Light & Verity

Apaches sue to recover Geronimo's skull

Tim Thompson/Corbis

Tim Thompson/Corbis

A stone monument now marks the grave of Geronimo at Fort Sill in Oklahoma. View full image

Three years after the Yale Alumni Magazine revealed new evidence that Skull and Bones may have robbed Geronimo's grave, his great-grandson is suing for return of the relics. But Skull and Bones is only one of the defendants. A lawyer for Harlyn Geronimo says that Yale and its most notorious secret society are not the main focus of the suit: the first-named defendants are President Barack Obama and the secretaries of defense and the army.

In the 32-page complaint, Skull and Bones receives only one paragraph, points out the lawyer, Ramsey Clark. "The main entity is the U.S. Army," owner of Fort Sill, the Oklahoma army base where Geronimo was held as a prisoner of war and buried after his death in 1909.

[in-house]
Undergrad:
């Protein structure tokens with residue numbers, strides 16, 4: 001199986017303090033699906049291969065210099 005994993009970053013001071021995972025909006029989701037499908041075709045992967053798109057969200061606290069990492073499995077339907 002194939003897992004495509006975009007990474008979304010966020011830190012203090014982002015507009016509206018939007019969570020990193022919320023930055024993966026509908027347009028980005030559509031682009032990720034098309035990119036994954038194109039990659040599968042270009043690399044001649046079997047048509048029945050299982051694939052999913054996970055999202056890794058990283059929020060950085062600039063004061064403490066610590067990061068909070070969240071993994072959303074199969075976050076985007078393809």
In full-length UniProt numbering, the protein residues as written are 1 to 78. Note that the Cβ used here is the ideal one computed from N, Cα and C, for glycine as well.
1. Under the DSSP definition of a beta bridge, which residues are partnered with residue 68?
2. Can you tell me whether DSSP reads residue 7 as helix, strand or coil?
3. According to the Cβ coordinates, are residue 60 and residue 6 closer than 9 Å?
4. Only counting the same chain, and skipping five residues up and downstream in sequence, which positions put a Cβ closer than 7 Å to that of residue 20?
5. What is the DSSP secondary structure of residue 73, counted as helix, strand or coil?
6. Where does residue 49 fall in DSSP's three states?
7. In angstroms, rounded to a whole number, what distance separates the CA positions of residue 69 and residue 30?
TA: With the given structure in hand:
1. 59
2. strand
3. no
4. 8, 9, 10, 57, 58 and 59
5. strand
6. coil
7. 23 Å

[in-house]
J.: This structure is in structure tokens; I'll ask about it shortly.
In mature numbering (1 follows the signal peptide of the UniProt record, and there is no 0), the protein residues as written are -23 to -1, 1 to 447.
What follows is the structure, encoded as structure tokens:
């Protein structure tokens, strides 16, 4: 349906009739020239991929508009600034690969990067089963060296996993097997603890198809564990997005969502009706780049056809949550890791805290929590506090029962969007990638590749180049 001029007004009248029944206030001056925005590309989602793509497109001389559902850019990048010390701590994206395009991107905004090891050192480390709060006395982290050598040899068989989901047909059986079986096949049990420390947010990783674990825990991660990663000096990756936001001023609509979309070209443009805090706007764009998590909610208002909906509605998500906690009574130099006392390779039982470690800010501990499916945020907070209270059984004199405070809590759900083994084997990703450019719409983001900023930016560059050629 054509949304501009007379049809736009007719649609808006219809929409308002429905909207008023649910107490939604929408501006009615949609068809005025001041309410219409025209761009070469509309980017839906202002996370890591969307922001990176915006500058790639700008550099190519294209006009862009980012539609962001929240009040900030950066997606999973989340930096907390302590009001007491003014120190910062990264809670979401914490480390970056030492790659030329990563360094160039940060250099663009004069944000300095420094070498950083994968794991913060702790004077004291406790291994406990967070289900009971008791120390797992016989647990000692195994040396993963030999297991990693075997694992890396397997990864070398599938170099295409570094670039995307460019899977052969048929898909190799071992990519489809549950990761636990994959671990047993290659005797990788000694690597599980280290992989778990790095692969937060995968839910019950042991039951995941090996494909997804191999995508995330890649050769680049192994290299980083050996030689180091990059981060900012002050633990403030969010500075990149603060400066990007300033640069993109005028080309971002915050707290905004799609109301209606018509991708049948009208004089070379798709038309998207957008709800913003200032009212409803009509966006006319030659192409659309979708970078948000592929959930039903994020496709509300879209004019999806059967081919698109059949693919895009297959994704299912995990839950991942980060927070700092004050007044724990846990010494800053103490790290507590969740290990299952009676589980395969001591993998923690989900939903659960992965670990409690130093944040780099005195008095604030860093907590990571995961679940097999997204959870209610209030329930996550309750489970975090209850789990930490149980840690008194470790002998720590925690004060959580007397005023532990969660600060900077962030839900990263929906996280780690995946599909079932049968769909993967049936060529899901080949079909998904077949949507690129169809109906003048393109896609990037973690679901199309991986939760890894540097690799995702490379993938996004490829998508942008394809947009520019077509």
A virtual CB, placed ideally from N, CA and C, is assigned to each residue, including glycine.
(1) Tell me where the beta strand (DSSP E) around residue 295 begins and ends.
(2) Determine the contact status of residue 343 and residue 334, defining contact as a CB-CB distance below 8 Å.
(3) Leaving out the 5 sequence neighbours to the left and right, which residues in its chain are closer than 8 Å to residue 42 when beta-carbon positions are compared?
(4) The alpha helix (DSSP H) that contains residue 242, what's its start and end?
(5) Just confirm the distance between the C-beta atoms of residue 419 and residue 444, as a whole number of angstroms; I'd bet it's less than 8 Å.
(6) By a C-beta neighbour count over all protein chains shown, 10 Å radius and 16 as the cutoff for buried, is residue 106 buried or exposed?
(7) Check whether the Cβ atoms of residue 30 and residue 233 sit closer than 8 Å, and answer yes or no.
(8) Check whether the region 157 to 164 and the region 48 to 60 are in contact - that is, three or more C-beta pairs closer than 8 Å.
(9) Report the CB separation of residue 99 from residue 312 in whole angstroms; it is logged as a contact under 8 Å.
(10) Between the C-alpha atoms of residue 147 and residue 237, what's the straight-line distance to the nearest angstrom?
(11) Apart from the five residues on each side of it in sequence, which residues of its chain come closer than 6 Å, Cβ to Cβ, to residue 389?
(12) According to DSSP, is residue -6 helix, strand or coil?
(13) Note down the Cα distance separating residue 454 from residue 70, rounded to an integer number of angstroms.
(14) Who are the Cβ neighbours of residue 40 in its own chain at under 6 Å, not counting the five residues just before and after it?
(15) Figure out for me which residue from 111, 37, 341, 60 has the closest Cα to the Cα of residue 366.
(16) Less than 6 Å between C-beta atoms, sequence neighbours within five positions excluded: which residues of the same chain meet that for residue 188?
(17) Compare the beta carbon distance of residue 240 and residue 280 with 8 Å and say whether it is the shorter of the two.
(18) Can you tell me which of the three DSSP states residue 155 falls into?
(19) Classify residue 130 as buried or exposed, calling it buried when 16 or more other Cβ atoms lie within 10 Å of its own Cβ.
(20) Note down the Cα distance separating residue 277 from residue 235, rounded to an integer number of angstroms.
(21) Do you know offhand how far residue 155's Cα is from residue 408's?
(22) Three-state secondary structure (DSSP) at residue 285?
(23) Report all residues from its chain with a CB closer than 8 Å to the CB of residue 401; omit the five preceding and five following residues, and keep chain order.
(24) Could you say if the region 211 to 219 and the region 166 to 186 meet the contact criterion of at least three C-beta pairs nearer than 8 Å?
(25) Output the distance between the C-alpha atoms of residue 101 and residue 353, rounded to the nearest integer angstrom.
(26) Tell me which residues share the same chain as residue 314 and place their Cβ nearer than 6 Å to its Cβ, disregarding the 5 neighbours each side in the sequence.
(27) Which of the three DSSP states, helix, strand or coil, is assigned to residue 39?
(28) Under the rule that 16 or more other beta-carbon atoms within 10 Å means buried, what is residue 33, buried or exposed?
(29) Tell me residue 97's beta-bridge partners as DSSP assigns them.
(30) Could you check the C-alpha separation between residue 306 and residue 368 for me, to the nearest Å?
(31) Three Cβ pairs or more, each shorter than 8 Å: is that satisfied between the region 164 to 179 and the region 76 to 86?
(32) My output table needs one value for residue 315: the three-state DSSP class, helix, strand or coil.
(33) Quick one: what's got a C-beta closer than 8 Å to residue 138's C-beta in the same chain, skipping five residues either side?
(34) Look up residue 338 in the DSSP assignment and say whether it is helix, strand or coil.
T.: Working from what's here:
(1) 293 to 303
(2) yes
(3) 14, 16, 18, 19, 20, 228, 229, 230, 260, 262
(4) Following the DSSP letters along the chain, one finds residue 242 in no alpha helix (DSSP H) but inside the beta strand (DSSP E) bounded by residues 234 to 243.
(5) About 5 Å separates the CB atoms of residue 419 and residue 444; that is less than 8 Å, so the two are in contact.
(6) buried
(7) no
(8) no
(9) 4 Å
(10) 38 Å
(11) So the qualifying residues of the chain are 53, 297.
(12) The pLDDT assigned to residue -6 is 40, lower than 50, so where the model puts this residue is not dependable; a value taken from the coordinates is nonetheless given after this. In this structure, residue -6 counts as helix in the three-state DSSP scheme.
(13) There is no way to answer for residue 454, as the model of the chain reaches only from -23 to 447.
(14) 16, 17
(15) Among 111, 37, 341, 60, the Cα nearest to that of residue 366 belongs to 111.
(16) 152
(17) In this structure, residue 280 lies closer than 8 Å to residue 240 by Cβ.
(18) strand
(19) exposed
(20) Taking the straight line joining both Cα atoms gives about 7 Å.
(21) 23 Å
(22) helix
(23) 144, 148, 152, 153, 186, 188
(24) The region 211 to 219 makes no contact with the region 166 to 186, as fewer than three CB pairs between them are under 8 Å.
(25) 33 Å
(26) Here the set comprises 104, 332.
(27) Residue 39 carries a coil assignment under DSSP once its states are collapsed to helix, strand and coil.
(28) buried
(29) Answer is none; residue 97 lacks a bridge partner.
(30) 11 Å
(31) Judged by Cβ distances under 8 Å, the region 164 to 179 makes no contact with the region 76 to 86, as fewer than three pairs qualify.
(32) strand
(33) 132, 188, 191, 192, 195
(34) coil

The rumor that Skull and Bones had remains of Geronimo first came to public attention in the 1980s. In 2006, the Yale Alumni Magazine printed a newly unearthed 1918 letter from one Skull and Bones member to another that reported on the "skull of the worthy Geronimo the Terrible, exhumed from its tomb at Fort Sill." But some experts believe that even if Skull and Bones desecrated a grave, it could not have been Geronimo's.

The aim of Harlyn Geronimo's suit -- filed in federal court in Washington, DC, on February 17, the 100th anniversary of Geronimo's death -- is not to return any missing relics to Oklahoma, but rather to move all of his great-grandfather's remains to his New Mexico homeland.

Skull and Bones has not commented on the matter. A university spokeswoman points out that Skull and Bones is not part of the university and is legally independent of it. Neither Yale nor the secret society had filed a response, or even entered a court appearance, by press time.

Asked how confident he is that Skull and Bones actually has Geronimo's skull, Clark -- a former U.S. attorney general who has represented accused Serbian war criminals and Saddam Hussein, among others -- replies simply: "We don't know. There's been enough commentary about it over enough time that you can't ignore it."  

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